The future is female – I read the black letters printed on a white t-shirt supporting a pretty firm pair of boobs, which I now have an excuse to look at. I stare at them – the letters, not the boobs – and wonder how feminism actually is. We fight for our rights, we go to rallies, we protest, we insist on female ends, we have thrown shining armor on our backs and grabbed bows in our hands. Some of us have even sliced off our own right bottom, ready to let loose a poisoned arrow into the throat of any scavenger who dares to claim that we represent less as women. We fight for us, for our grandmothers, mothers, daughters and granddaughters, but the discussion of womanhood does not come up in our conversations. Why? What exactly is womanhood?

In the conviction of many, she represents everything that our mother embodied in our childhood. In my family home, femininity roamed the living room as if it were so sad, subservient. She didn’t talk about her dreams, she cried in corners. I couldn’t identify with her, although I can’t say I had anything against her. After all, she was. In fact, always next door. She was, although I couldn’t quite understand her. She was, even if I mostly just ignored her and preferred to conform to the causal lord and master – the man.

Why did I choose dominance? Because for years I equated femininity with something weaker.

Today, I wonder if the patriarchy that I myself am fighting against hasn’t accidentally become so engrained in women’s identity that even when rebelling against it, we still follow its principles.

– Seriously, fuck? Did they screw us with this one too?

A little, yes, because we are building the foundations of feminism with the same bricks, behind the thick wall of which we have been walled up.

– But what do you mean?

And so. Daddies’ daughters, who are so opposed to men, cut themselves off from their mothers and, as little girls themselves, begin to treat their femininity as inferior. Do you disagree with my opinion? Let the first to cast a stone be the one who, growing up, did not give her father the greatest respect at home.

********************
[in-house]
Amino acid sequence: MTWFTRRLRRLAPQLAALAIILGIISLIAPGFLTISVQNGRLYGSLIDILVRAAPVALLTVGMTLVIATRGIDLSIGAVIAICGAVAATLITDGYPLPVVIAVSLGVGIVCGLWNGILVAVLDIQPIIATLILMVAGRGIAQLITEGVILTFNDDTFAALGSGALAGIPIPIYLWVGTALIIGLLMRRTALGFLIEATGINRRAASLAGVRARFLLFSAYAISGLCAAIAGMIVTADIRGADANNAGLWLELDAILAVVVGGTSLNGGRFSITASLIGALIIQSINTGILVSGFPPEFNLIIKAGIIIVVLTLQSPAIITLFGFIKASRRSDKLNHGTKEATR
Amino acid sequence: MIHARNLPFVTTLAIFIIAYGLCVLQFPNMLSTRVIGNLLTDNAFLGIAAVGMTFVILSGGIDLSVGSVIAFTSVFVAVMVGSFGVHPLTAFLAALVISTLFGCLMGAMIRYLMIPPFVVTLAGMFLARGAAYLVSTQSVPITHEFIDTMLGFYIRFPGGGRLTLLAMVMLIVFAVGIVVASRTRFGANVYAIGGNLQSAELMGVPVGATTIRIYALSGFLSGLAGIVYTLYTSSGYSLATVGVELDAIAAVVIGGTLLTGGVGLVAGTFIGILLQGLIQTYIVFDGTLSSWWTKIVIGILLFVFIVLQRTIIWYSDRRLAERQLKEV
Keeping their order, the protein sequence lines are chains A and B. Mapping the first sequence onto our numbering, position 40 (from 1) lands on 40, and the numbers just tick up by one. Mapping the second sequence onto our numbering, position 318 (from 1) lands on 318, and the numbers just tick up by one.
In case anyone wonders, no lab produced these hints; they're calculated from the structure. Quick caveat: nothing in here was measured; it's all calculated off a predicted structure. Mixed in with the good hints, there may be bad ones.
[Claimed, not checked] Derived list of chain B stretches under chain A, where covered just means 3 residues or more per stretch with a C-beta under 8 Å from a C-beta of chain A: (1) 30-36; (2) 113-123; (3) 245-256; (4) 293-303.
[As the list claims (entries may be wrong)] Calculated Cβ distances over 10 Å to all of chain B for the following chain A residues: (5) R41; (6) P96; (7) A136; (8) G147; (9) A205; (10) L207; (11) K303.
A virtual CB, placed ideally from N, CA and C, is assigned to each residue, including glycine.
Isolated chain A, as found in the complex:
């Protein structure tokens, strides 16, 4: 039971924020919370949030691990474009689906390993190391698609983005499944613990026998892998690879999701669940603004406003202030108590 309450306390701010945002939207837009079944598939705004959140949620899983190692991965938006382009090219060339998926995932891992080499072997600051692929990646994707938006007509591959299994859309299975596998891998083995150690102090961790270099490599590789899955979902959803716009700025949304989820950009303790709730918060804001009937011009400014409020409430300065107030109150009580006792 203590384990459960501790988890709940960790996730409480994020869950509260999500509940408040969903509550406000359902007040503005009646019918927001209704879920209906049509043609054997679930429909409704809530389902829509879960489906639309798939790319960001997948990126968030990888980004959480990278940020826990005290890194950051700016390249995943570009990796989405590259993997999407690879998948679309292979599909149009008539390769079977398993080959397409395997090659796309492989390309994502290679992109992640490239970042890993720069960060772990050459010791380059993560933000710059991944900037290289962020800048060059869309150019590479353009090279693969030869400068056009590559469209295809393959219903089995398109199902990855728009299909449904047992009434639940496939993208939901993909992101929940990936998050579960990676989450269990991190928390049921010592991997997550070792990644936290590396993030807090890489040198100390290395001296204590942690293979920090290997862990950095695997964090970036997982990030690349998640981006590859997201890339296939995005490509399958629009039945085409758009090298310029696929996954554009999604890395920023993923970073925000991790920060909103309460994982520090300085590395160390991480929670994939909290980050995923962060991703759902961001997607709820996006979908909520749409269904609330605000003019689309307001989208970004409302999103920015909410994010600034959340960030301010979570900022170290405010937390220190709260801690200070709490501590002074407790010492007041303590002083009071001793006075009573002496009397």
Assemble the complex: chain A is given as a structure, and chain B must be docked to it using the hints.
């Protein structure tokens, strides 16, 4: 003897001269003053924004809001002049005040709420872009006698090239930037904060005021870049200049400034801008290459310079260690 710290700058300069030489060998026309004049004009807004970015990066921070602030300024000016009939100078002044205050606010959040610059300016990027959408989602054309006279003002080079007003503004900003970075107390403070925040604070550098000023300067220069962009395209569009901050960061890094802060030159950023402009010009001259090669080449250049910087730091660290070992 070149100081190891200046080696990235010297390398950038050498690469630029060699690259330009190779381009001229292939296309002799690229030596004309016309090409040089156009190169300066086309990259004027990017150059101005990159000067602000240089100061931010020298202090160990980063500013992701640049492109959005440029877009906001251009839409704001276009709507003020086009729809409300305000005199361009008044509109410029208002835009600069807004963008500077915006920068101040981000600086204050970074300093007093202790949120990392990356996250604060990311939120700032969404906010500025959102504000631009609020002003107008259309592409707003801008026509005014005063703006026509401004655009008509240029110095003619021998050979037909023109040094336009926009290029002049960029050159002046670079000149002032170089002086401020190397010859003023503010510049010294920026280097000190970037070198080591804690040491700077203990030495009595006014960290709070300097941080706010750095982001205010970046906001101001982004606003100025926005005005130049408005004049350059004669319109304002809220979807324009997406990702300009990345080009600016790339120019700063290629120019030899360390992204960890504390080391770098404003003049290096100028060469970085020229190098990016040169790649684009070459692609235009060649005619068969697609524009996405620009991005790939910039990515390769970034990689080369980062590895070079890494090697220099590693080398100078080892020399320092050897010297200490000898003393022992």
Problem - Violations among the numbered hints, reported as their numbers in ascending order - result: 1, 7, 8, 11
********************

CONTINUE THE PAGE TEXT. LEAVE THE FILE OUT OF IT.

Why, despite sincere intentions, do we continue to fall into patriarchal patterns? Because the system we live in is built on the principle of domination, not partnership. Instead of leading to an egalitarian society, attempts at equality create a femina-centric system that, like patriarchy, is based on hierarchy, not cooperation. In society, we lack balance and respect for female energy at the collective level. This can be seen in the simple example of Mother Earth, who is systematically raped, plundered and abused, although she is expected to continue giving birth. Women are suffering along with her and are increasingly beginning to feel the need for what they once lost. What, the patronizing system took away from them.

Slowly we are beginning to understand that competing with men in their world according to their rules has been and will be unproductive. Something truly must be afoot, because women’s circles appear around almost as numerous as the condoms scattered at the equality parade.

– Then what should we do?

Certainly don’t immediately rip off your blouses with feminist slogans (although I urge you to do so in the case of owners of particularly attractive male torsos). Instead, it is worth considering whether radical feminism, however, does not stem from our own inability to accept our femininity and appreciate its value.

A woman wronged by patriarchy cannot heal her wound by suppressing the male element. Jung himself wrote about the process of individuation, in which anima and animus, male and female polarity, only integrated create completeness. This development requires a deep and holistic understanding of individual identity and its role in the collective, acceptance of gender differences and reflection on femininity.

– This is not what we were fighting for! – a revolt will be raised.

Well, maybe we heard so many times that we are insufficient that we finally believed it ourselves?

I continue to try to understand what womanhood is. I don’t have clear answers yet, but I know I’m drawn to dig my fingers in the dirt. Literally and figuratively. For my intuition tells me that the way back to myself goes much deeper, into the darkness that I must fully enter. As one of the mothers of feminism, Simone de Beauvoir, said, no one is born a woman, but becomes one. Even if their feminism is soft and warm, like mine.

Read the next Featurette: Polish martyrdom and papal cremains, or how Mickiewicz is wrecking our relationships


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